Skip to Content

Why Taking a Timeout in the NBA Might Not Be the Best Idea

Back to News Listing



RadioEd chats with Daniels College of Business professor Ryan Elmore about his work in sports analytics—and why taking a timeout in the midst of an NBA game might not be the solution to slowing an opposing team’s momentum.

Podcast  • News  •
image of a basketball player from the neck down crouched and dribbling.

RadioEd is a biweekly podcast created by the DU Newsroom that taps into the University of Denver’s deep pool of bright brains to explore new takes on today’s top stories. See below for a transcript of this episode.

Show Notes

Much of sports is a gamble. There’s a saying: “Any team can win any game on any given day.” Almost nothing, no outcome, is guaranteed in sports—and that’s part of the fun of watching and playing. 

But players and coaches want to eliminate as many variables as possible, trying to leave less up to chance. And that is where statistics come in. 

It might seem like a good idea to call a timeout in the NBA when the opposing team is on a scoring run—it could slow their momentum, change the energy of the game, right?  

Research from a University of Denver data analytics professor indicates otherwise. 

Headshot of Professor Ryan Elmore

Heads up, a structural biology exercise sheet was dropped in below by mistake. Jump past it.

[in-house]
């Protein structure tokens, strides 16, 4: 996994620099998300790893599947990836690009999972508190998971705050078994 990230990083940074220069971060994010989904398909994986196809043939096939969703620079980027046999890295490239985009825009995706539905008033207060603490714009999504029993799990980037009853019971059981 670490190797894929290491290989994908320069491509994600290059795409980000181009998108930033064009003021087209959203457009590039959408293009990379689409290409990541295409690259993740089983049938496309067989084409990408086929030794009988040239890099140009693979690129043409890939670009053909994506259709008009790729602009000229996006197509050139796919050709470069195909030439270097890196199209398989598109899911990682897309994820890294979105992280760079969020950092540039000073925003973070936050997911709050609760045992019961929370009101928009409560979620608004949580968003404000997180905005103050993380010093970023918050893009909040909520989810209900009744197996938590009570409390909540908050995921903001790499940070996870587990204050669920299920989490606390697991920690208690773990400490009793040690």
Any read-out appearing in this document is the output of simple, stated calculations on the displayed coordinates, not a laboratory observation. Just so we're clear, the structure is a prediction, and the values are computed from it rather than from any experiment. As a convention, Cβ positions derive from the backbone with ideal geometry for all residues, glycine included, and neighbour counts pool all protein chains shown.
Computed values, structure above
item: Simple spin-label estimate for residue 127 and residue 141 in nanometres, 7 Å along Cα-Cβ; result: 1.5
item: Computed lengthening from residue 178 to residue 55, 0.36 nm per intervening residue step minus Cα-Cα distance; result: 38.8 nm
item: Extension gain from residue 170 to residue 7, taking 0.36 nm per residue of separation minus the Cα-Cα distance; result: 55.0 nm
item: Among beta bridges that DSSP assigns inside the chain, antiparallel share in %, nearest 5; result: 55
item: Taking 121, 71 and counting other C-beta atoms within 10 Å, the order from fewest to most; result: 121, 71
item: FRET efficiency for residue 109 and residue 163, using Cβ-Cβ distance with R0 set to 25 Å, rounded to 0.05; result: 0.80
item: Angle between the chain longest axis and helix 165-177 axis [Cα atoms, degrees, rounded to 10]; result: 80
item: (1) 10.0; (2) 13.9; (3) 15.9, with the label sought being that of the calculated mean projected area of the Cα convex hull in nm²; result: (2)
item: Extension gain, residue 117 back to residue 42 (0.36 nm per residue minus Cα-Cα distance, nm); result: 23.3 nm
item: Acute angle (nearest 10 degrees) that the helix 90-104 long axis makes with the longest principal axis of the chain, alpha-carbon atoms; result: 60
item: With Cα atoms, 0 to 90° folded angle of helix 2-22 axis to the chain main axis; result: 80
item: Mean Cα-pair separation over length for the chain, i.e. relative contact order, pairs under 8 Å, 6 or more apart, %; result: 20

In this episode, Emma chats with Daniels College of Business professor Ryan Elmore about his work in sports analytics—and why taking a timeout in the midst of an NBA game might not be the solution to slowing an opposing team’s momentum.  

Ryan Elmore is an associate professor in the Department of Business Information and Analytics at the Daniels College of Business. Prior to Daniels, he worked as a senior scientist in the Computational Sciences Center at the National Renewable Energy Lab in Golden, Colorado. He has also held positions at the Australian National University, Colorado State University and Slide, Inc. 

Elmore’s research interests include statistics in sports, nonparametric statistical methods, and energy efficient high-performance computing. His work in sports statistics has led to the position of Associate Editor for the Journal of Quantitative Analysis of Sports (2015–present) and consultant to the Denver Nuggets professional basketball team. 

More Information:

The causal effect of a timeout at stopping an opposing run in the NBA”  

Bang the Can Slowly: An Investigation into the 2017 Houston Astros” 

Listen and Subscribe


Emma Atkinson (00:06): 

You're listening to RadioEd, the University of Denver podcast. I’m your host, Emma Atkinson.